By Barani Krishnan
Investing.com -- Gold had its first weekly gain in four as the dollar retreated further on Friday from its biggest rally in two decades, allowing bullion to somewhat reinforce its standing as a safe haven.
The benchmark gold futures contract on New York’s Comex, December, settled up $8.40, or 0.8%, at $1,728.60 per ounce. For the week, it gained 0.3% after a cumulative 5.2% loss over three previous weeks.
The Dollar Index, which pits itself against six major currencies led by the euro, slid for a third day in a row, reaching a low of 108.35 from Wednesday’s 20-year high of 110.79. The greenback slid even as Federal Reserve officials pushed on Friday for another outsized rate hike to keep inflation down, when the central bank meets on Sept. 21.
“Gold is higher as the historic run higher in the dollar appears to have run out of steam,” said Ed Moya, analyst at online trading platform OANDA. “It seems Wall Street is getting comfortable with the idea of another 75-basis point rate hike by the Fed.”
The United States should have another “significant” rate hike this month to curb inflation, Fed Governor Chris Waller said Friday, with one of his most hawkish colleagues, James Bullard, suggesting a third straight 75-basis point increase.
The Fed has raised rates by 225 basis points in four increases since March, with two back-to-back 75 basis point hikes in June and July, to curb runaway inflation.
U.S. prices have been growing at around four-decade highs since late last year, although the closely-watched Consumer Price Index, or CPI, slowed to an annualized rate of 8.5% in July from a peak of 9.1% in June. The next CPI reading, for August, is due on Sept. 13.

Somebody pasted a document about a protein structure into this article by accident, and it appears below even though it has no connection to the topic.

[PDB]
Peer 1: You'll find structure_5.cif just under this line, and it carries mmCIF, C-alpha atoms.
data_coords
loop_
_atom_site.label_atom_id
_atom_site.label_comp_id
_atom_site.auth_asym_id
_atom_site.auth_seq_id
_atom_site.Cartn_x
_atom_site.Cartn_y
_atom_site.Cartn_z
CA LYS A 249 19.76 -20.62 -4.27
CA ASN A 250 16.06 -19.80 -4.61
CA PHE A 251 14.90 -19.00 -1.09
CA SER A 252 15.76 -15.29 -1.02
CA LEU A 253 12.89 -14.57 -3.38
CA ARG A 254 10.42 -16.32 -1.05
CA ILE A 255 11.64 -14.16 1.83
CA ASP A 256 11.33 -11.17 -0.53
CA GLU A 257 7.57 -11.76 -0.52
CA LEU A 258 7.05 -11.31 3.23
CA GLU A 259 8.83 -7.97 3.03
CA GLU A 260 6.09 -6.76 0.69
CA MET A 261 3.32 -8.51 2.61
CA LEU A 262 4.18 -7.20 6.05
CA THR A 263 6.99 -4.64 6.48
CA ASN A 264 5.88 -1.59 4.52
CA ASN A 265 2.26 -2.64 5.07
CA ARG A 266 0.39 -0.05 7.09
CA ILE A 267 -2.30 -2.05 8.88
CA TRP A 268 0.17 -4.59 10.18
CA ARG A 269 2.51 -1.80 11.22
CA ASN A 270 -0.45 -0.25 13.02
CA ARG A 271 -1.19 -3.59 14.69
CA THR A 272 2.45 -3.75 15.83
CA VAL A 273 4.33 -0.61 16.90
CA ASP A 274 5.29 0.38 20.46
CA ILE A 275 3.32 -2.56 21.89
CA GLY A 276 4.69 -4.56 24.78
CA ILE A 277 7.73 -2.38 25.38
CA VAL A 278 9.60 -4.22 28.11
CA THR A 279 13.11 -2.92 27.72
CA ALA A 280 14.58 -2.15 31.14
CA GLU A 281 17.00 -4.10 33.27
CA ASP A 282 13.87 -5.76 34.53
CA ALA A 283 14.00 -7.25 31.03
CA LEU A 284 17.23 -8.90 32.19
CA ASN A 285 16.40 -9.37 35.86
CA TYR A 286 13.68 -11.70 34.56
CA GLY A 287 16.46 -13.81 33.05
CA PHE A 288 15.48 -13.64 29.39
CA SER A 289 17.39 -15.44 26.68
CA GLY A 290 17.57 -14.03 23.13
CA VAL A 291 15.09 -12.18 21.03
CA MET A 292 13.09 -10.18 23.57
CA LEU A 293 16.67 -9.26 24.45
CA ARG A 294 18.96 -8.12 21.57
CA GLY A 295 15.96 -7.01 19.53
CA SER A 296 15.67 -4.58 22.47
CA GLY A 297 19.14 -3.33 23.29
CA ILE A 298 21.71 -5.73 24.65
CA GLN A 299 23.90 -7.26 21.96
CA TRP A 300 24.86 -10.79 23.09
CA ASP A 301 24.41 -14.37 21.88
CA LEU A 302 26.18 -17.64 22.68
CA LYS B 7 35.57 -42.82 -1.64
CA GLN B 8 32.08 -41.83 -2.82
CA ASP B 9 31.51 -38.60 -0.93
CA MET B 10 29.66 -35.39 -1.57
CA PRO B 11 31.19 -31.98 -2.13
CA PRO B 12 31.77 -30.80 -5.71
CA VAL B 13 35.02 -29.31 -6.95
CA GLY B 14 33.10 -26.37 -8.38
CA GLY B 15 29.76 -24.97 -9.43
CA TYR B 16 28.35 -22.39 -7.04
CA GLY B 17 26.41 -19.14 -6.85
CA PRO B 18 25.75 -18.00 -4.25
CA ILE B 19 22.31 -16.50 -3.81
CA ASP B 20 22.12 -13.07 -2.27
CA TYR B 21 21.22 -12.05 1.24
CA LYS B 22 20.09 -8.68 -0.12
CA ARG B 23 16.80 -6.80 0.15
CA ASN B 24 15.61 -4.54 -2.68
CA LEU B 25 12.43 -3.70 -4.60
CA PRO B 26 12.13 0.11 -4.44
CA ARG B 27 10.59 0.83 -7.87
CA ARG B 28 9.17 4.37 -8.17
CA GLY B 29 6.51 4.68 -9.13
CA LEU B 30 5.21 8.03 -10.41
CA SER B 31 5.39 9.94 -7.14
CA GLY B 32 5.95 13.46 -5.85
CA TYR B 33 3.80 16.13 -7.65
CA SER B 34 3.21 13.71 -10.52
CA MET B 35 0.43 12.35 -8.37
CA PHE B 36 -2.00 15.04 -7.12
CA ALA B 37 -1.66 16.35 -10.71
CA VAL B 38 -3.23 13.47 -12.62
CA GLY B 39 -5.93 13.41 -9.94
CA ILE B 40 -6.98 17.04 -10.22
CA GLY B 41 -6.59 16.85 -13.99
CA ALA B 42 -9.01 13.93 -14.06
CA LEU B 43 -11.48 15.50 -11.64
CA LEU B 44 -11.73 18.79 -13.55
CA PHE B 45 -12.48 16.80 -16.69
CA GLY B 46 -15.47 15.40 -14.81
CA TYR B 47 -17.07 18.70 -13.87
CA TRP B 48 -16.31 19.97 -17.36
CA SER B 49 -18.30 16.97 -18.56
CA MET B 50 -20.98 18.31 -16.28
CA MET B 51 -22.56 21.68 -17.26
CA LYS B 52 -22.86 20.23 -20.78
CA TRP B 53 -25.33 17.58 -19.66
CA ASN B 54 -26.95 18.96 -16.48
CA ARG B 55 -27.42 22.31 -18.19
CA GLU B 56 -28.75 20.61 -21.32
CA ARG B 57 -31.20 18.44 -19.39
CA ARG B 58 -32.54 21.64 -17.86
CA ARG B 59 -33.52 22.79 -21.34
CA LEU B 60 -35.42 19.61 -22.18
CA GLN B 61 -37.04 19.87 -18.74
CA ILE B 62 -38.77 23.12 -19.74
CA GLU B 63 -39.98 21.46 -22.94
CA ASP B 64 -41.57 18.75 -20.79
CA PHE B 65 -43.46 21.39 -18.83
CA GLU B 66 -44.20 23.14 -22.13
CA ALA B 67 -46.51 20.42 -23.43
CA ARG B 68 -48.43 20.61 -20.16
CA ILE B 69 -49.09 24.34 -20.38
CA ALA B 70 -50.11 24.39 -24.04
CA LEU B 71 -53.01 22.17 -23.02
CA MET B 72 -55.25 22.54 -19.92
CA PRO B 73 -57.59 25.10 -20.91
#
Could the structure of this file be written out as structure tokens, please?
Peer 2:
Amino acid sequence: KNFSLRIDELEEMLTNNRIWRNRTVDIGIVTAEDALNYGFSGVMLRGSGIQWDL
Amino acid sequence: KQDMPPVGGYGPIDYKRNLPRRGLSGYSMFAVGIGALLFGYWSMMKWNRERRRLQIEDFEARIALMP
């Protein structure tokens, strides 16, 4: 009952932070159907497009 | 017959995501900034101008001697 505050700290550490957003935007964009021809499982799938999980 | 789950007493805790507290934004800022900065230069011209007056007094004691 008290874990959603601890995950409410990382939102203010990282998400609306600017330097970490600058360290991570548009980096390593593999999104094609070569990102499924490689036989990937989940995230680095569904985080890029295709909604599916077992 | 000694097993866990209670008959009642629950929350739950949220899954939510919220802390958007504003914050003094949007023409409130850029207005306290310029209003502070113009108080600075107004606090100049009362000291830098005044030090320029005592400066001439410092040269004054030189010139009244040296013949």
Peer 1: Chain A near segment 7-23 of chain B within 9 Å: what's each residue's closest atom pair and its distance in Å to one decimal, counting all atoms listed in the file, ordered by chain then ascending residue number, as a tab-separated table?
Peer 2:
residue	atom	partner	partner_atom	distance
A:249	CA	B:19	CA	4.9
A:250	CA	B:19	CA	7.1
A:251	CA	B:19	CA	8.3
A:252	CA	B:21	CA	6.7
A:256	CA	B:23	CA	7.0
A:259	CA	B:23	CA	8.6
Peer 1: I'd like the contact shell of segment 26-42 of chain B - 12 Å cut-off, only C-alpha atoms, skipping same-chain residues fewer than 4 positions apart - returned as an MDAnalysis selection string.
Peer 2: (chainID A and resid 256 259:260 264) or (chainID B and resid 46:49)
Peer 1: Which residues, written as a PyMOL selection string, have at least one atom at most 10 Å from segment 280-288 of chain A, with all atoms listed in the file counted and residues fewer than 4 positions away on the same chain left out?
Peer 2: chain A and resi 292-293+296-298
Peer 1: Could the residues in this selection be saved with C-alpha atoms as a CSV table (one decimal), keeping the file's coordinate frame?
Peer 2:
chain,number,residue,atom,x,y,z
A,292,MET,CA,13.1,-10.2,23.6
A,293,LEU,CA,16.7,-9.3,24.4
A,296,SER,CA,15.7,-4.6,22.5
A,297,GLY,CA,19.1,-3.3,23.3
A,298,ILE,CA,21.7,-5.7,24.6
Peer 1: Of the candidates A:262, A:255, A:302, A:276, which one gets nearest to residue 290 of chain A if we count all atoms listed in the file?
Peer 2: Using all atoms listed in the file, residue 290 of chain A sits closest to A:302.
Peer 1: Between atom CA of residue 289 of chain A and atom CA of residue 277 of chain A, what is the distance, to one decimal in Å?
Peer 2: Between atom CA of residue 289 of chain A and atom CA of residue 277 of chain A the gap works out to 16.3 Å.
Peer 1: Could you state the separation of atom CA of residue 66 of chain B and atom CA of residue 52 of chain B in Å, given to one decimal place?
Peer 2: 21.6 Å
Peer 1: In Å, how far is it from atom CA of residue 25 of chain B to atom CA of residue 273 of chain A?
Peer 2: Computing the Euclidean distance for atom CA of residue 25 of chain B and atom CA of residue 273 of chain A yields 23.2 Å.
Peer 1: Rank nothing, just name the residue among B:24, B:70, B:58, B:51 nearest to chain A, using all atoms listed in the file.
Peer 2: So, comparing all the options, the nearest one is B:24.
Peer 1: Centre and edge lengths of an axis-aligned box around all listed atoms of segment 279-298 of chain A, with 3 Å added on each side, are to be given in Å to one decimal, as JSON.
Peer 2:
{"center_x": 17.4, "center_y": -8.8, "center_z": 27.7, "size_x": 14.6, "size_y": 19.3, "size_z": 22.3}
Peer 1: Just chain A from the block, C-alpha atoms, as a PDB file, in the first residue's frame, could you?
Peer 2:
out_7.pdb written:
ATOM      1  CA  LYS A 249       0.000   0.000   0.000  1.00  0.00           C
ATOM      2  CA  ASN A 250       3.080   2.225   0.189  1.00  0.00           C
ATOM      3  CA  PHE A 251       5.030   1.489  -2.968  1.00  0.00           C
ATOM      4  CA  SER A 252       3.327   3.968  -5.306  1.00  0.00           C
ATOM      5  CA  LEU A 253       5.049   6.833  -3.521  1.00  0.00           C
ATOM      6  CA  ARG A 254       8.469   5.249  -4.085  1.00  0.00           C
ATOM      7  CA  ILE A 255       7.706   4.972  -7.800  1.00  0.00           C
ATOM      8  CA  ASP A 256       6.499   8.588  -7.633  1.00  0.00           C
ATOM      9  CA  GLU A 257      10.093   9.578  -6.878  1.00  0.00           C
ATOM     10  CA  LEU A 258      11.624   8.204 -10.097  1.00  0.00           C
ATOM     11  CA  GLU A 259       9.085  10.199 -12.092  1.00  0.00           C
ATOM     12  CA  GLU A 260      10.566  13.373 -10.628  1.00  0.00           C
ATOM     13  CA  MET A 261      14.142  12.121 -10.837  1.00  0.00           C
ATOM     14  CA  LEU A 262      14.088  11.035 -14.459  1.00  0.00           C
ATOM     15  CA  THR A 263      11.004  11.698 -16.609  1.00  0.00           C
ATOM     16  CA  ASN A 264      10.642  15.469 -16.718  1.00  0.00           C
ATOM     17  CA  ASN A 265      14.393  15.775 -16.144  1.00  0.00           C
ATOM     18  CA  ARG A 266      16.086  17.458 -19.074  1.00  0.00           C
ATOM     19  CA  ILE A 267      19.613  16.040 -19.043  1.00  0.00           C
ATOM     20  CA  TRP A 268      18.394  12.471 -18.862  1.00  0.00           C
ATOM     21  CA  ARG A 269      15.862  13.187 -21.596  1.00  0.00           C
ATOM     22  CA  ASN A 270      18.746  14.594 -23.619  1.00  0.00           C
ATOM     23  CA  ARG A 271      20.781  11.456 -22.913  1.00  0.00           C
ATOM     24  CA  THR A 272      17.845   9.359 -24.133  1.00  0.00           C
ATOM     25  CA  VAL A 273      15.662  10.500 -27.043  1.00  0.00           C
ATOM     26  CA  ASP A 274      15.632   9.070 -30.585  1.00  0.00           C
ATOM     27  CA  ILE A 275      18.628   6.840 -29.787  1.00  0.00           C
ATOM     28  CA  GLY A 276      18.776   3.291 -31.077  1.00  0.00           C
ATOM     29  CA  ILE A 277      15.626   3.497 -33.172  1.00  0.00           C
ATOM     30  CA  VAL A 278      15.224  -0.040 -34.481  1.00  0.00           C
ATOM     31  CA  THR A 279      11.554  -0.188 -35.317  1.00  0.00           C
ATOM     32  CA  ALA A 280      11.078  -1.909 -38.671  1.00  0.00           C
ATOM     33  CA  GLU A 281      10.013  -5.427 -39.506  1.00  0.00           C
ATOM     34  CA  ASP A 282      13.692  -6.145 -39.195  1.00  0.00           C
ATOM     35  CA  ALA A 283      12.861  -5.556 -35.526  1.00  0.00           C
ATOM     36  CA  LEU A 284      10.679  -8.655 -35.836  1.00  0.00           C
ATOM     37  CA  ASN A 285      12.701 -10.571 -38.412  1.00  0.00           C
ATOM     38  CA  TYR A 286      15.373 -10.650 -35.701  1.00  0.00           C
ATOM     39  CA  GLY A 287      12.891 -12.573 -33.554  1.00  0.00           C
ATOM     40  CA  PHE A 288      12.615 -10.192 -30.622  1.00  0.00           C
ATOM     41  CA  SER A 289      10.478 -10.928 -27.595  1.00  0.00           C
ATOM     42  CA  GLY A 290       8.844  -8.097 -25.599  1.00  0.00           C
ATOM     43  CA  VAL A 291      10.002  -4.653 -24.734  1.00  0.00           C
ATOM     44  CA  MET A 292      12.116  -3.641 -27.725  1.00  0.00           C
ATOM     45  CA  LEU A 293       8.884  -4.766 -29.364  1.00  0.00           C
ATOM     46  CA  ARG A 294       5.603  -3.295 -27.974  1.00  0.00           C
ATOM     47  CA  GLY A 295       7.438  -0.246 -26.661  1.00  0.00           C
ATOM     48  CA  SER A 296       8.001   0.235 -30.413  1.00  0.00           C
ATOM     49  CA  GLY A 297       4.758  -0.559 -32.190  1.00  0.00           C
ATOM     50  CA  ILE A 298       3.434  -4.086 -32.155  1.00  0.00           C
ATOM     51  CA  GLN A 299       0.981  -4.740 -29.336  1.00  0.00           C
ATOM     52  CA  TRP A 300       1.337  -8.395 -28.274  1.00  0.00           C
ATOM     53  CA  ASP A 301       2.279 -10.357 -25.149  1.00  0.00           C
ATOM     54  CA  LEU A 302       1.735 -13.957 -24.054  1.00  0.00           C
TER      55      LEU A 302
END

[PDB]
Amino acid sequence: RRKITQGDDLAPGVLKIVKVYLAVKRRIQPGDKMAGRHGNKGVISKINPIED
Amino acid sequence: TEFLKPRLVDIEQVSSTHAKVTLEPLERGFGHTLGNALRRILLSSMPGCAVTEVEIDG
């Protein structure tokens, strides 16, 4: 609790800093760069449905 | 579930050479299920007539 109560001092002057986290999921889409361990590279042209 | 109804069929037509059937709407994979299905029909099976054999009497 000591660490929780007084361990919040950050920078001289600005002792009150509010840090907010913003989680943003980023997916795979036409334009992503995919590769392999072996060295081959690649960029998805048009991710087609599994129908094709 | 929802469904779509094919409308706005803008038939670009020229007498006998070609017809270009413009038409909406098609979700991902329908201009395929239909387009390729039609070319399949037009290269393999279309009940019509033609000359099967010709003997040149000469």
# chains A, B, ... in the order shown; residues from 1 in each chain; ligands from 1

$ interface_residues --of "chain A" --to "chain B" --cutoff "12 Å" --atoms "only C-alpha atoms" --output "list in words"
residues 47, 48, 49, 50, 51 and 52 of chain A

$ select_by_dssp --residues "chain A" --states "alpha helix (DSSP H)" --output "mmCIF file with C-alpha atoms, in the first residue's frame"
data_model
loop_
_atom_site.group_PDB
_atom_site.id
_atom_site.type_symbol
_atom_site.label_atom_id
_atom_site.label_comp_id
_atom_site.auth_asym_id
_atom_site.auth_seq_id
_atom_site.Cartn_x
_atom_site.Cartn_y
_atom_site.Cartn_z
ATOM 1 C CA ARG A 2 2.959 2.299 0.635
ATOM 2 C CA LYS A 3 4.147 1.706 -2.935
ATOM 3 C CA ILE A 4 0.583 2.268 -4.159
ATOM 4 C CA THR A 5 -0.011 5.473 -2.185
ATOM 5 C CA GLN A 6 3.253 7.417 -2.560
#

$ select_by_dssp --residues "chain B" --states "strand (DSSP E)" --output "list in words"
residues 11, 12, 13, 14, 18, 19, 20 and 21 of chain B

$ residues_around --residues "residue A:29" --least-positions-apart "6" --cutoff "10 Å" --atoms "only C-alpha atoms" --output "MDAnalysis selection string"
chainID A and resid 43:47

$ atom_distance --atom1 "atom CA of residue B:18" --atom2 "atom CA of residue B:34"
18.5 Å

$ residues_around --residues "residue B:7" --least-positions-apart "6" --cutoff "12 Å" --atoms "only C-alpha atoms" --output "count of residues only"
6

The Fed’s target for inflation is a mere 2% a year and it has vowed to raise interest rates as much as necessary to achieve that.
“Gold’s fate could be determined after this next inflation report,” Moya said. “If consumer prices come in hotter-than-expected, gold might see selling pressure target the $1,680 region. A sharp deceleration with pricing pressures might only provide a modest boost higher for gold.”
On the other hand, gold could gain more acceptance as a safe-haven if the dollar retreats further, said Moya. “Gold is finding a home above the $1700 level and that could continue if investors continue to look beyond hawkish central bank speak.”
Economists have cautioned that the Fed could end up pushing the United States into a deep economy with its sharpest rate hikes in four decades, saying the high-flying housing sector and one-time ebullient stock market could be major victims.
Preliminary estimates show the U.S. gross domestic product, or GDP, likely contracted by 0.6% in the second quarter after a 1.6% slowdown in the first quarter. Two straight quarters of GDP growth typically places an economy in a recession.
Rate hikes are anathema to gold while recessions boost its safe-haven appeal.